Physiological and statistical approaches to modeling of synaptic responses
Transmission of signals across synapses is the central component of nervous system function (Bennett and Kearns, 2000; Manwani and Koch, 2000). Primarily, such synaptic transmission is mediated by chemical neurotransmitter substances that are released into the synapse by the presynaptic neuron and detected by receptors located upon the postsynaptic neuron. In many areas of the nervous system “TF1747_C004” - #2 (outside of the hippocampus and neocortex) there may also be dendritic neurotransmitter release, which appears to behave in a very different fashion from the more traditional axonal neurotransmitter release (Ludwig and Pittman, 2003). However, because synaptic structures are microscopic and inaccessible, direct measurement of synaptic properties is not often feasible experimentally. As a result, our understanding of the mechanisms underlying synaptic transmission and modulation of function derives from statistical inferences, which are made from observed effects on populations of synapses. Synapses in the central nervous system (CNS) have the distinct property of being unreliable and probabilistic, hence a statistical framework is critical to define function. A schematic of a typical synapse is shown in Figure 4.1, indicating that the information transfer is between a relatively secure presynaptic action potential (on the left) and a highly insecure neurotransmitter release and subthreshold postsynaptic response. For most CNS neurons, spatial and temporal integration within a neuron is an additional complication, often requiring hundreds of synaptic responses summing together to reach the action potential threshold.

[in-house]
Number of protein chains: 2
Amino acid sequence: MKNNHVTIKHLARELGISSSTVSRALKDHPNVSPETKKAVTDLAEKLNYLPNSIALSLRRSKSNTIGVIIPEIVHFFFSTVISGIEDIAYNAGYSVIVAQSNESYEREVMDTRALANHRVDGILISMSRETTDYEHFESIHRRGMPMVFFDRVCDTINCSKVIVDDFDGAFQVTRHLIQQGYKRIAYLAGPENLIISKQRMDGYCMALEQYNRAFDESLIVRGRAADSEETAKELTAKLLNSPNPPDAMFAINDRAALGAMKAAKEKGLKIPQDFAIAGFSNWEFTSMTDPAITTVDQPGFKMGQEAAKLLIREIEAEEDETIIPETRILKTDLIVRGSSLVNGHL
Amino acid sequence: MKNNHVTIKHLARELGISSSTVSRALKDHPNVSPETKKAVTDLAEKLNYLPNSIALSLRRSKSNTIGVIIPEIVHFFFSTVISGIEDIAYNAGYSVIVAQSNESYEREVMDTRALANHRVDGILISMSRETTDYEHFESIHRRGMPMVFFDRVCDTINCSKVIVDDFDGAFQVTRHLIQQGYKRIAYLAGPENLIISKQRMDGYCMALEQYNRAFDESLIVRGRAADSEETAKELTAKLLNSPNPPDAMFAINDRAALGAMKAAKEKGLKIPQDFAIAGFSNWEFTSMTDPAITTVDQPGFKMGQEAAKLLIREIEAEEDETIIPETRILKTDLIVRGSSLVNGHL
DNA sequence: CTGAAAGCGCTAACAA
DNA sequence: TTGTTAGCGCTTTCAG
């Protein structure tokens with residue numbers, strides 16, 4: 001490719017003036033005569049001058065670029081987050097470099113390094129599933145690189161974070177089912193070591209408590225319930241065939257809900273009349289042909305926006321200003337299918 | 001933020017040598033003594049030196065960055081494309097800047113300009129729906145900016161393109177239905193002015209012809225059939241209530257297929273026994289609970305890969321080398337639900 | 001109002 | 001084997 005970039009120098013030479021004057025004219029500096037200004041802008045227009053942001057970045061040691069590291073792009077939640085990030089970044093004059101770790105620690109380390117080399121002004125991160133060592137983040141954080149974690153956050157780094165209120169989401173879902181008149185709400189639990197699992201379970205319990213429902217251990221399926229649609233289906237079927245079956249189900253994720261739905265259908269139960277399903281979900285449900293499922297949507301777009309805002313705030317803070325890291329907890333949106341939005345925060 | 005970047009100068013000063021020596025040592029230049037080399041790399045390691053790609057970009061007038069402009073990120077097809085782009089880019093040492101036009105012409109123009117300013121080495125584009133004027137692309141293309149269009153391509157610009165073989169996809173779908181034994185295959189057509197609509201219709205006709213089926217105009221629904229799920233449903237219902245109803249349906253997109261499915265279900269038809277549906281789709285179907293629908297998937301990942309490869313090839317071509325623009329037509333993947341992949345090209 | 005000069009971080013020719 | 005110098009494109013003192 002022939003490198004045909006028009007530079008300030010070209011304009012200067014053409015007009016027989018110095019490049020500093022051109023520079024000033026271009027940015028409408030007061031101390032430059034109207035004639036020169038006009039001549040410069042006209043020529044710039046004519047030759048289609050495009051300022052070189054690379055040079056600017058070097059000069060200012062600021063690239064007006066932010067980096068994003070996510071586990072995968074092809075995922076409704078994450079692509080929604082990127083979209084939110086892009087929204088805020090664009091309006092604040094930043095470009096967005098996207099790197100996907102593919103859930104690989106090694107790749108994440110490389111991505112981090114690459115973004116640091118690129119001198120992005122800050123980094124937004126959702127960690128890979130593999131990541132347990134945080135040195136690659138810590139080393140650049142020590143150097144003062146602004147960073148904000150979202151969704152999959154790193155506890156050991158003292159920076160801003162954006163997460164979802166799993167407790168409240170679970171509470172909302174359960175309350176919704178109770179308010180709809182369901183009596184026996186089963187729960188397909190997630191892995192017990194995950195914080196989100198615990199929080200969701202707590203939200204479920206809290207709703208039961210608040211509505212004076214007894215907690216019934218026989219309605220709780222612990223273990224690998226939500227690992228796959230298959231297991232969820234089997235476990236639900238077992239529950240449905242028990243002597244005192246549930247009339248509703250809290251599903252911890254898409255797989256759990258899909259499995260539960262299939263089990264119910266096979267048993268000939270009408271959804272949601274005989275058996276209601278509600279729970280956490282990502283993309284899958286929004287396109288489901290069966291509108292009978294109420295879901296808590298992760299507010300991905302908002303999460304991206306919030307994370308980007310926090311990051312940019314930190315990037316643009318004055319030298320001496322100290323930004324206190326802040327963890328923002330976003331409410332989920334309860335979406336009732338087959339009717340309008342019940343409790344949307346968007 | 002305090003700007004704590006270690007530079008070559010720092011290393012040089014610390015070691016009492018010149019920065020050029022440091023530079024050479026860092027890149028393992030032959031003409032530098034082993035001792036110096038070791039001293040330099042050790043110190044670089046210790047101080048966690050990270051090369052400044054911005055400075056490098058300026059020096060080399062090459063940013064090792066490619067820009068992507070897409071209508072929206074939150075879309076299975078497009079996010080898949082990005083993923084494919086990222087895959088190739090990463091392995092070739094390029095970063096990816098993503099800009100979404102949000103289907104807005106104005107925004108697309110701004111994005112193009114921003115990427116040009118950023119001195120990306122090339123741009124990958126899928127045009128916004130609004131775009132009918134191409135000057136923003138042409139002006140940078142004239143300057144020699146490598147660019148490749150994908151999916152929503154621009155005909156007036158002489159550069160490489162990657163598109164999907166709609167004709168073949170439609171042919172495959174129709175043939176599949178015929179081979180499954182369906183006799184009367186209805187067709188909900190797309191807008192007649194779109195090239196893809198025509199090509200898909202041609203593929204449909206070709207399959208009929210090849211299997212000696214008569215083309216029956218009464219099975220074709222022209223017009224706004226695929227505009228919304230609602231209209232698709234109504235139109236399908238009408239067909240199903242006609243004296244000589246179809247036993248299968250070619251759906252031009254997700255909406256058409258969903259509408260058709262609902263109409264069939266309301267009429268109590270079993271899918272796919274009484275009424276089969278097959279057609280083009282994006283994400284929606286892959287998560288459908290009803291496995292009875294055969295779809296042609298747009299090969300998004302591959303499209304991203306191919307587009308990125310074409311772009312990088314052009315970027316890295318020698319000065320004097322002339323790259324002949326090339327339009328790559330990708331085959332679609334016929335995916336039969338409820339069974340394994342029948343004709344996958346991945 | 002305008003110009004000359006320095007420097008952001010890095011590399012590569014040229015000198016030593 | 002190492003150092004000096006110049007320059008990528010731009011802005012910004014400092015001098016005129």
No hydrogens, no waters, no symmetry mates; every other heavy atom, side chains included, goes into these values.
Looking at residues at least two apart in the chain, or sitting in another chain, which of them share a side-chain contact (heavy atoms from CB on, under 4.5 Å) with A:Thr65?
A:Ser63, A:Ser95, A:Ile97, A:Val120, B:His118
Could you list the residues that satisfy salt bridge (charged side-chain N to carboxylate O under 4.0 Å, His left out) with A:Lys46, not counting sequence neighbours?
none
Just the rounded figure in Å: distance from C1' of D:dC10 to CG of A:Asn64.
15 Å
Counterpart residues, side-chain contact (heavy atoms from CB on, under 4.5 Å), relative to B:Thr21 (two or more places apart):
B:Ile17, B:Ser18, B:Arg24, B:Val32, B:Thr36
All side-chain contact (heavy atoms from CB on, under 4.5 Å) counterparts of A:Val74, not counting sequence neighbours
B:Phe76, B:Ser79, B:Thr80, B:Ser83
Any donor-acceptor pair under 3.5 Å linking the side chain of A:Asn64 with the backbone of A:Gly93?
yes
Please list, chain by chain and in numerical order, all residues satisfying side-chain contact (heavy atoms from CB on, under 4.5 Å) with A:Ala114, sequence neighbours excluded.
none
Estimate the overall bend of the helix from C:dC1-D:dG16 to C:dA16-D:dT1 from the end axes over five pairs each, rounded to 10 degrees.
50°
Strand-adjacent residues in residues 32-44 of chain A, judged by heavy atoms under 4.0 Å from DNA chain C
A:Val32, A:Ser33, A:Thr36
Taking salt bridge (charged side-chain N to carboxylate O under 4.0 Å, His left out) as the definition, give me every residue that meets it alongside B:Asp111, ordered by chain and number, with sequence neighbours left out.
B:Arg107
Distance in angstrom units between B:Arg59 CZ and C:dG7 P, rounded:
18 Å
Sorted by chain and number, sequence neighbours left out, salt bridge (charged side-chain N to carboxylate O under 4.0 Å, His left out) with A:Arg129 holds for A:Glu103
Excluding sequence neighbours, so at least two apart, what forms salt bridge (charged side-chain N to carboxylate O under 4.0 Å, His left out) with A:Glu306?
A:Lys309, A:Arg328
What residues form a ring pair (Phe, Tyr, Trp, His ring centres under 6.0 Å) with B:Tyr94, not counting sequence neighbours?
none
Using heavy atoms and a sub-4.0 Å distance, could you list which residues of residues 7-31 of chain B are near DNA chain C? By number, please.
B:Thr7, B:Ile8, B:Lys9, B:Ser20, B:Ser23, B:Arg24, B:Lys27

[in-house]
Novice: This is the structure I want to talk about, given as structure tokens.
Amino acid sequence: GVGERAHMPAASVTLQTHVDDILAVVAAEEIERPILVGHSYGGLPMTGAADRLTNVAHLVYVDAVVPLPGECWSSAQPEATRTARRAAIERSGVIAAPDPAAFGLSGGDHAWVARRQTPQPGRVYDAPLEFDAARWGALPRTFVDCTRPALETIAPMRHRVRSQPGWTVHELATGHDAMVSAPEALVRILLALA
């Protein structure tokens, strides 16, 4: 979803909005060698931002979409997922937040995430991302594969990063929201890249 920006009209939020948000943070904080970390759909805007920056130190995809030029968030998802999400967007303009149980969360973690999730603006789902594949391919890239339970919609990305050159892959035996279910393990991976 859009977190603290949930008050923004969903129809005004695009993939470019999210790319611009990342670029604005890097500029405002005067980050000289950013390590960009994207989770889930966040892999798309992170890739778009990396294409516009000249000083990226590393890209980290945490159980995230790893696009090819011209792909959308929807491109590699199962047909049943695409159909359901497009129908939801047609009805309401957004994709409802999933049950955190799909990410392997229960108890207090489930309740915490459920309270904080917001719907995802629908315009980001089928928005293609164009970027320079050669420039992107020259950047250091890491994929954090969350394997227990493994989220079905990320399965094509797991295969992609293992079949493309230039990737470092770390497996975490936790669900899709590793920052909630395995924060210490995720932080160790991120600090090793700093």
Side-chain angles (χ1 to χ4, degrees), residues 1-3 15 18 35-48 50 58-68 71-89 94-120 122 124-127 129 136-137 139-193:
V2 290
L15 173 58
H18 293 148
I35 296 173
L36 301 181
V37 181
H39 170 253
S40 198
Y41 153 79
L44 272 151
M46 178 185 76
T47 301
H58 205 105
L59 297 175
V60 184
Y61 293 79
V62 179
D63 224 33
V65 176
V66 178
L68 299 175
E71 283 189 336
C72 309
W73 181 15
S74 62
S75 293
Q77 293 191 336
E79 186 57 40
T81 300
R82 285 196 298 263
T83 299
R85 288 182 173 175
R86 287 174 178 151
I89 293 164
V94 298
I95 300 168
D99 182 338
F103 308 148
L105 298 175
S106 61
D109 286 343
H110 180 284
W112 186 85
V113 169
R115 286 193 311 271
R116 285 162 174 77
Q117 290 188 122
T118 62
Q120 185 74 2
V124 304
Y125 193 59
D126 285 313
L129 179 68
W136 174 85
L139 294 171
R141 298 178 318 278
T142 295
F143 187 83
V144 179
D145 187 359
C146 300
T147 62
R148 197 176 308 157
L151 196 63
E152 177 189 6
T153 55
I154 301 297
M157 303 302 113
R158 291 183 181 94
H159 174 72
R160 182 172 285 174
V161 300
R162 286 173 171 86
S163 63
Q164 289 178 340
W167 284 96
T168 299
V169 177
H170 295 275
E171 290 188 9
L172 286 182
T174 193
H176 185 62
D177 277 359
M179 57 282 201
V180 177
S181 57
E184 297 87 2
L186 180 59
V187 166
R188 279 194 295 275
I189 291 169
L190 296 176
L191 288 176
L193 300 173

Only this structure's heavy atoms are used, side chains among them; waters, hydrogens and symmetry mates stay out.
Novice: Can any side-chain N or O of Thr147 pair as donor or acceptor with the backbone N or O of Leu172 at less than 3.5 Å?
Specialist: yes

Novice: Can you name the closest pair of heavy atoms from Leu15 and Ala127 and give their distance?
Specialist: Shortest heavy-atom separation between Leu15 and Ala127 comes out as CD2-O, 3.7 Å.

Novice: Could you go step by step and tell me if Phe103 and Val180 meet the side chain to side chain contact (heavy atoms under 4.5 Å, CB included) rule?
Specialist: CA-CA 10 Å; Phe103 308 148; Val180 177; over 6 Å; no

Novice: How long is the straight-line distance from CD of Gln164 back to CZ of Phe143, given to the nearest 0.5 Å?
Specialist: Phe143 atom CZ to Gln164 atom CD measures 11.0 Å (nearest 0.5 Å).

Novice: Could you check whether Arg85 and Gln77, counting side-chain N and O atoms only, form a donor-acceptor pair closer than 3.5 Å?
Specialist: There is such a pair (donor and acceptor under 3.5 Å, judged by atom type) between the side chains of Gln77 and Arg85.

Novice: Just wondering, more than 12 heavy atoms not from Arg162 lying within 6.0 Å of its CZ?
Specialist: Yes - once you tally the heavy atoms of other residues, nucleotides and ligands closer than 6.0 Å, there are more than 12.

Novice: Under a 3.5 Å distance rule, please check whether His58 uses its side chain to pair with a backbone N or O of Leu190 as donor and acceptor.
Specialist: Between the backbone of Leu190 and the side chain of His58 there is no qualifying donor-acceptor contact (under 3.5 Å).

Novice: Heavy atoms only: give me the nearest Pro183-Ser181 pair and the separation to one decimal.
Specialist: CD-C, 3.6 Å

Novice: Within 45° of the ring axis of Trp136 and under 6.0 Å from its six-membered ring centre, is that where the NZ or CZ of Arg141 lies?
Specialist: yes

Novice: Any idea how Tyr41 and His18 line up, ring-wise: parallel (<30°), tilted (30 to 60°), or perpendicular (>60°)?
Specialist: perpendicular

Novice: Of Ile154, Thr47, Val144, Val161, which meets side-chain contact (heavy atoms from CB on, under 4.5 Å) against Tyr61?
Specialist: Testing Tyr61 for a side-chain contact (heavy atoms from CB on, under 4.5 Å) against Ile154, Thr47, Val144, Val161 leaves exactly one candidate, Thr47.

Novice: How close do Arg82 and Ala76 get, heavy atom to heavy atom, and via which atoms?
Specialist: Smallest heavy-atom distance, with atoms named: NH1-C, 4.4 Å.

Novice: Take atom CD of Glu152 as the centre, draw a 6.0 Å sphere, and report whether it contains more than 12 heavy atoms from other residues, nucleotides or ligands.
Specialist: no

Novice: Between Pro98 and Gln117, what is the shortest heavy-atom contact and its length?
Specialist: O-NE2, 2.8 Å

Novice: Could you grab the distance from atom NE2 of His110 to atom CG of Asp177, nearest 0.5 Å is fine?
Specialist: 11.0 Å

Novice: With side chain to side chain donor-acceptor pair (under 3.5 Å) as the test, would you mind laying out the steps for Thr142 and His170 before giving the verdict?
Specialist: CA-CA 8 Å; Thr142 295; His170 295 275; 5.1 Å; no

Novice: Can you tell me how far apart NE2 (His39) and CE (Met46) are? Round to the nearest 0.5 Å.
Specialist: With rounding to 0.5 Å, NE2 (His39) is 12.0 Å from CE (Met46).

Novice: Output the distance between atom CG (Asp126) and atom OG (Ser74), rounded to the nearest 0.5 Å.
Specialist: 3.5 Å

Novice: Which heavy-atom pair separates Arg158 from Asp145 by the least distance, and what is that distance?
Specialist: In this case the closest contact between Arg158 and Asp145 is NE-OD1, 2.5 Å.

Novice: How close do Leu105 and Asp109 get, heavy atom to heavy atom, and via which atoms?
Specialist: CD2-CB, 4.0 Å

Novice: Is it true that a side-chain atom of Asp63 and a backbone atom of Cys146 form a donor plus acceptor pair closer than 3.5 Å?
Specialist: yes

Patil, PG; West, M; Wheal, HV; Turner, DA
- Modeling in the Neurosciences: From Biological Systems to Neuromimetic Robotics
Start / End Page
International Standard Book Number 10 (ISBN-10)
International Standard Book Number 13 (ISBN-13)